The worldwide health crisis has changed and is changing the way of life. It’s no surprise that it has touched Scouting and affected it in ways we could not have imagined. Even the “any old thing” that Baden-Powell suggested we Be Prepared for probably didn’t anticipate what we’re going through.
It should be evident that our traditional unit meetings need to be approached very cautiously. Many units have policies where meetings and events are cancelled when school is suspended – mainly to account for weather closures or unavailability of school facilities. Those that have such policies in place are cancelling their meetings, campouts, banquets, derbies and other activities. Our district tried an online Roundtable last week – a live teleconference via the Internet and phone-in, and we actually got greater attendance than for an in-person meeting. Trina Klassa, the Cubmaster of the pack that our church charters, has a way of putting things in perspective, and reminded us that while this is a very turbulent time in our schedule-heavy world, and that we need to re-evaluate our new, albeit temporary, normalcy. I suppose I never realized how Scout-heavy my calendar was until I looked ahead the next few weeks at all the entries that are suspended or cancelled.
While it’s difficult to do virtual camping, there are things that we can do instead of holding out traditional den, pack and troop meetings. With help from Trina, here are some suggestions:
- Plant some seeds. It’s long been a Cub Scout activity as it is in many elementary schools. And now that spring is coming or is here, they can be transplanted outside when the time is right.
- Have your kids help more with meals. One of the essential skills lacking in young people is cooking, and it’s a required skill in ScoutsBSA.
- While you’re at it, learn or teach a dish from your ethnicity.
- Do some genealogy to discover your ethnicity.
- Have your kids rake those leftover leaves that you didn’t have time for last fall. When you’re finished, rake your neighbor’s leaves too (with their permission).
- Go for a walk. Visit a nearby town and walk the downtown streets. You’ll be an “urban explorer”. Getting outside and exercising is helpful to building a stronger immune system.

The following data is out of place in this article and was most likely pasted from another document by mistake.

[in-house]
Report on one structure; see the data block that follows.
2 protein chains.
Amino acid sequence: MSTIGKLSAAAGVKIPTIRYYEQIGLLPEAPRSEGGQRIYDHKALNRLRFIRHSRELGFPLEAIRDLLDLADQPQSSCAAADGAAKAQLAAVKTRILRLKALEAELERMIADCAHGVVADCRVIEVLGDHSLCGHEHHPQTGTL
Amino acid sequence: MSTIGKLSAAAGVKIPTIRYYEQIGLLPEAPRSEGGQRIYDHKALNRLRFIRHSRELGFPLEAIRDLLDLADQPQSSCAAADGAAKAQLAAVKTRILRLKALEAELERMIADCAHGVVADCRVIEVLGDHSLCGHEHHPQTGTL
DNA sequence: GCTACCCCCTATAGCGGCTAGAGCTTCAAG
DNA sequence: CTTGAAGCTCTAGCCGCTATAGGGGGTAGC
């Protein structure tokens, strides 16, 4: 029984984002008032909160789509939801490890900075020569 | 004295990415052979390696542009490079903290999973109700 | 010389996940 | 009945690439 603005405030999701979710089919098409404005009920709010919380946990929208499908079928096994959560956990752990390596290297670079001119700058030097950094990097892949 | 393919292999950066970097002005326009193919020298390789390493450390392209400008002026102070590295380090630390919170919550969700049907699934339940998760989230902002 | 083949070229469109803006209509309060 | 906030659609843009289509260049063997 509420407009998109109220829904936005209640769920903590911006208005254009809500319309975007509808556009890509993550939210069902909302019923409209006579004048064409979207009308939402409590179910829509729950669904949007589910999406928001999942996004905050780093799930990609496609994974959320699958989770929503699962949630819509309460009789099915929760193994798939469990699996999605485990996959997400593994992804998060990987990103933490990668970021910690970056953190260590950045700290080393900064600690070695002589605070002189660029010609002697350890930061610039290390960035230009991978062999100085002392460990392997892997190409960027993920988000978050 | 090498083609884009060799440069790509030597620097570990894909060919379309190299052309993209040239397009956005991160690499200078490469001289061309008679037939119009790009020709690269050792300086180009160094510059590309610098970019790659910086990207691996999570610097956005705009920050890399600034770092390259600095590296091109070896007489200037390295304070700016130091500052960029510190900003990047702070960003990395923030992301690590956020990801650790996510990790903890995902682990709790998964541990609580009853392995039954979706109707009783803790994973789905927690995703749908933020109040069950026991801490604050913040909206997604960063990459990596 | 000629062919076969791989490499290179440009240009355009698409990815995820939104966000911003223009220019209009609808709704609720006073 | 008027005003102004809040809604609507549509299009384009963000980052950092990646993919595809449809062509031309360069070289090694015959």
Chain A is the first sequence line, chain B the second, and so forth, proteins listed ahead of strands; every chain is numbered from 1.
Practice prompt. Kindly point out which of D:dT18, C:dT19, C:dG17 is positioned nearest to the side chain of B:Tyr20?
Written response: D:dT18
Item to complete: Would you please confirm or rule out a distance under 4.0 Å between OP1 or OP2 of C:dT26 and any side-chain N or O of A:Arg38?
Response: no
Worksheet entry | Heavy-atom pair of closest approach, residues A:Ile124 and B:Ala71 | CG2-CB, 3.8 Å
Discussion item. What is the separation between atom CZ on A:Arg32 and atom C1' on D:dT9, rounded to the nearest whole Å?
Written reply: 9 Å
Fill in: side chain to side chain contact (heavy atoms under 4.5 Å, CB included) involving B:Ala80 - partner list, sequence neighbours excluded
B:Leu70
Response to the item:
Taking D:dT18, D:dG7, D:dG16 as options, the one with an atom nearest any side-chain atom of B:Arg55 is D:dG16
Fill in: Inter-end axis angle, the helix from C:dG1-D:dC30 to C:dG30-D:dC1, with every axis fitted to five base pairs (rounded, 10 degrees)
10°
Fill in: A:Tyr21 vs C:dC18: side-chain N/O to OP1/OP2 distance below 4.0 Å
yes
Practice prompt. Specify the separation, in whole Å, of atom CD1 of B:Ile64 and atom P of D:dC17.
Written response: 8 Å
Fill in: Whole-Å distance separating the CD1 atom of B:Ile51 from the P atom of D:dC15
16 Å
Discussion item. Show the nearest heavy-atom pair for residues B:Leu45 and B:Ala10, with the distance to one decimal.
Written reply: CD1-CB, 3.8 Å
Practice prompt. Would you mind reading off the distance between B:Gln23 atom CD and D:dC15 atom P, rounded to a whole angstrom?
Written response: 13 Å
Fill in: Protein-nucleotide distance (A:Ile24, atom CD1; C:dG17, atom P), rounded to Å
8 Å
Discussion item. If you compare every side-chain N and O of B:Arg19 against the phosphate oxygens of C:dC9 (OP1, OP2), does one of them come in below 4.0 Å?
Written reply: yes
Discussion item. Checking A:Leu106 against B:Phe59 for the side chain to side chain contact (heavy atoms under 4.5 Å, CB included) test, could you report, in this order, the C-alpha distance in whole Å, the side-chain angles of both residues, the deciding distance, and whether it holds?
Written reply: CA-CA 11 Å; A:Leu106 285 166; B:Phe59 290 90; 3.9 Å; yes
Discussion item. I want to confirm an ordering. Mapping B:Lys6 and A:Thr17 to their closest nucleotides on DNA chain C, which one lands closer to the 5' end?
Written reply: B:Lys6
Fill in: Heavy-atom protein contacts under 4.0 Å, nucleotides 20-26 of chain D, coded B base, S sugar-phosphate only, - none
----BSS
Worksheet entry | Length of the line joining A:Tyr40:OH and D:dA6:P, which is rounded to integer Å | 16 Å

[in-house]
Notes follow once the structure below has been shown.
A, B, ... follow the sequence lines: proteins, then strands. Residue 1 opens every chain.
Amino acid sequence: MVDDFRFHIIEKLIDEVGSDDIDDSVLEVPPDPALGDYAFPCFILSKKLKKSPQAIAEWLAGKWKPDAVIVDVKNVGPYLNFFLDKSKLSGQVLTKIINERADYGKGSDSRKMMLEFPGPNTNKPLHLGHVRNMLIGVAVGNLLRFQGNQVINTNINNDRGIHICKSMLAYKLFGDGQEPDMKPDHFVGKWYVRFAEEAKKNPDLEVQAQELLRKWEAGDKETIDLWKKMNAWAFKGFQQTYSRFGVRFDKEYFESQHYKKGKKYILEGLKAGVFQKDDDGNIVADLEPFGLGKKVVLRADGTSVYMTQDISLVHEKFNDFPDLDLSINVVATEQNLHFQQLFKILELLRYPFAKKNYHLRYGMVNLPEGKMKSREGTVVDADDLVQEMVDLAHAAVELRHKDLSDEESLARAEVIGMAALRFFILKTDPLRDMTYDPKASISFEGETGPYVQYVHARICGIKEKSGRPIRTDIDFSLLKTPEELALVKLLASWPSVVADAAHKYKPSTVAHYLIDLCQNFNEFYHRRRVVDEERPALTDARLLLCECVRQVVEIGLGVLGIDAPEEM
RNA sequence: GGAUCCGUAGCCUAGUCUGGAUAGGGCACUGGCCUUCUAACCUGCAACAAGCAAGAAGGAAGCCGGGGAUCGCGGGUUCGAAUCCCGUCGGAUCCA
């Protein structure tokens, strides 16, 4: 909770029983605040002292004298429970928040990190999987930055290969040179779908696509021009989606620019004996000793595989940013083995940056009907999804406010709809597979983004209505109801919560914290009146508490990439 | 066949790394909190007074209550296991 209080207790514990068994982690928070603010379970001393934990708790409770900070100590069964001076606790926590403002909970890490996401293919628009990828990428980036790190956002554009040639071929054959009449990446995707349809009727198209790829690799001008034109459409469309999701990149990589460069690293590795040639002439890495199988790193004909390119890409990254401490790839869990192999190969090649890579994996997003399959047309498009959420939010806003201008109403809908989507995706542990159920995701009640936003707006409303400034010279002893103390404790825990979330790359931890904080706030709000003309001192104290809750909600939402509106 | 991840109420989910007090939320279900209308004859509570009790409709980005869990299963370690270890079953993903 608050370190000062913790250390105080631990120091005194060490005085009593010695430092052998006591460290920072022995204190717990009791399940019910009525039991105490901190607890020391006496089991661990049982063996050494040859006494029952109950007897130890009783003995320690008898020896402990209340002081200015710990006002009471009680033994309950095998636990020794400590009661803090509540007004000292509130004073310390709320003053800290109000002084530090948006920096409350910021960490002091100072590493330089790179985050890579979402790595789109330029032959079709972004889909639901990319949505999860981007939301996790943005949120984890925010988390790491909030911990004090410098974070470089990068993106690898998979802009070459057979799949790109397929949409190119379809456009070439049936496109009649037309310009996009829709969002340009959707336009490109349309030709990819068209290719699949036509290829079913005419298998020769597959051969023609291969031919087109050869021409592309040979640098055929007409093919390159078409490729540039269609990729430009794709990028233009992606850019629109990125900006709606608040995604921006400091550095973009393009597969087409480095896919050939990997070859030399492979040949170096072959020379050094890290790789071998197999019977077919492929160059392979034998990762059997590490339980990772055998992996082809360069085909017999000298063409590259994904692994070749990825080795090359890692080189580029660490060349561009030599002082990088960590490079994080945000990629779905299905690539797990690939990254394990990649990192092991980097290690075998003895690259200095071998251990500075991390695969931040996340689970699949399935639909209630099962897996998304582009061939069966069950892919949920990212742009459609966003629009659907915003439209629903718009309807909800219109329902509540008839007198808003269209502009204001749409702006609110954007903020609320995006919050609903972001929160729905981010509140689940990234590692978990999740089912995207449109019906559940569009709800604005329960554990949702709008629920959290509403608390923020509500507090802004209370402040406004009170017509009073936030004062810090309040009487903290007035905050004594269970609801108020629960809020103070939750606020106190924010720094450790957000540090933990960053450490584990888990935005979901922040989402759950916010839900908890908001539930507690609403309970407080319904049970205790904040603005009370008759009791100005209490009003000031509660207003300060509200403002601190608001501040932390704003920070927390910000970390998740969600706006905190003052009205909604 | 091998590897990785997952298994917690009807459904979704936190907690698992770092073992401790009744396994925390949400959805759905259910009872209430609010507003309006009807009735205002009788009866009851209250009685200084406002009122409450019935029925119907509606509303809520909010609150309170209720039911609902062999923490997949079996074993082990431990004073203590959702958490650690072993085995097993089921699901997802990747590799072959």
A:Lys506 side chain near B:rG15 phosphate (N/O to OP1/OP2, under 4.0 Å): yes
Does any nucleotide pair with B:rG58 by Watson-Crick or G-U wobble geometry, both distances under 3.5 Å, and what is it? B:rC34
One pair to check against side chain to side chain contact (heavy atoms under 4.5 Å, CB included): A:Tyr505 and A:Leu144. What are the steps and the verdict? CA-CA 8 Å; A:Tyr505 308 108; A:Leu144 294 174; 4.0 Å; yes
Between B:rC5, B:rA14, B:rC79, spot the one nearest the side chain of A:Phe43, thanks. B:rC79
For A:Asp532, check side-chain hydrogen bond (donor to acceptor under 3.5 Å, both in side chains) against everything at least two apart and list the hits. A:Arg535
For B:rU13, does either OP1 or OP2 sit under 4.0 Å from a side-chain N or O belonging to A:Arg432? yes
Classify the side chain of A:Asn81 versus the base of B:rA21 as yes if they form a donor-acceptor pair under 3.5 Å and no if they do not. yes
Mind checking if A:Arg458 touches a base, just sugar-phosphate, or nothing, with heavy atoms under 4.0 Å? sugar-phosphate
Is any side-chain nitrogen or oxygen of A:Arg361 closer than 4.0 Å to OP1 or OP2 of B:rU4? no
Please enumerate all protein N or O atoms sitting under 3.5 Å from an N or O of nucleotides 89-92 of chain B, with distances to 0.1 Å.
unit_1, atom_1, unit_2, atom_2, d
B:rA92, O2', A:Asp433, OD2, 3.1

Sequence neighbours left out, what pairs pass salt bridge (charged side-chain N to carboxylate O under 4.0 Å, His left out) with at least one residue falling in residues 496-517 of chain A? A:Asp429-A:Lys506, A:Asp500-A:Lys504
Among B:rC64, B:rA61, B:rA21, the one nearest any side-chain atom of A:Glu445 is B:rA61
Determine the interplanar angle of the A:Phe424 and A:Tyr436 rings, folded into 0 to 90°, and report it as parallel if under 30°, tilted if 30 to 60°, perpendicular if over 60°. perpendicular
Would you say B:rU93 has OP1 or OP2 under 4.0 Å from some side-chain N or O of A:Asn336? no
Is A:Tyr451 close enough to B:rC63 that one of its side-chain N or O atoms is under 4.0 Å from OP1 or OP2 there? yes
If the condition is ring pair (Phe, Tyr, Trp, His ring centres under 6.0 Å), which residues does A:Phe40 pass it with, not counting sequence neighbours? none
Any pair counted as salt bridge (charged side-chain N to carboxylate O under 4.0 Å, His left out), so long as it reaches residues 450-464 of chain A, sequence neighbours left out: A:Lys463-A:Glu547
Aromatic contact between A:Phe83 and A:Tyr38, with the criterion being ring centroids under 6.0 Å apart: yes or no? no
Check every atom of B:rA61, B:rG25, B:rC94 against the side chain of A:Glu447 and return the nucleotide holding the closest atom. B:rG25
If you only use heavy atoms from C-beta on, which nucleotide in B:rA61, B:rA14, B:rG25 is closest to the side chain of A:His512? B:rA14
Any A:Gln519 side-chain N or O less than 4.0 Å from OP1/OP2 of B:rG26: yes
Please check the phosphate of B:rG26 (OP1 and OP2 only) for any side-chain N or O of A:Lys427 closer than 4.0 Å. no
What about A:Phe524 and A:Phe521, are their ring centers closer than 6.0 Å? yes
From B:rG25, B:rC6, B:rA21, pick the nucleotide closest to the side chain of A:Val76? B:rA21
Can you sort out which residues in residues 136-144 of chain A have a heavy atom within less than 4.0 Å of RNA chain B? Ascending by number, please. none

- Or bike on a trail nearby. Discover the trail system in your town or area.
- Go geocaching while you’re hiking or biking.
- Learn some sign language, or how to say “hello” and “thank you” in other languages.
- Teach your kids a card game.
- Work with your Scout on his or her Pinewood Derby car – or get started on it.
- Journal your experiences. Take lots of pictures. Put together a slide show or album to be shared when meetings resume, or share them online in private groups with others in your unit.
- Of course, Cub Scouts can continue working on required and elective Adventures. Generally, all they need is the parent’s “Akela OK”. Advancement reports can be submitted online.
The Scoutmaster of our troop has laid out a plan for Scouts to continue to work toward rank advancement, a way to hold a Scoutmaster conference and board of review via video conference, and ways to obtain blue cards for merit badges. Teleconferencing tools could also make it possible to hold virtual patrol meetings.
Our pledge to help other people at all times can run into roadblocks because of social distancing and sanitation needs, but doing things for other people shouldn’t take a back seat. Check with your town’s senior citizens’ support group to see if there’s anything you can safely do.
And don’t forget to leave a little for Scouting. Our councils still have payrolls to meet, the lights to keep on, and camps to maintain. With Blue & Gold banquets, courts of honor and other in-person events on hiatus, there is less opportunity for families to become Friends of Scouting and support your council through your financial contributions. Go online to your council’s website and find the “donate” link to make your FOS pledge. Be sure to list your unit and district so your pack or troop will receive credit toward its goal.
Keep calm and stay strong for our youth. Keep your distance and wash your hands, and if you’re sick, stay home and follow the latest public health guidelines. This will pass.This post What to do instead first appeared on Bobwhite Blather.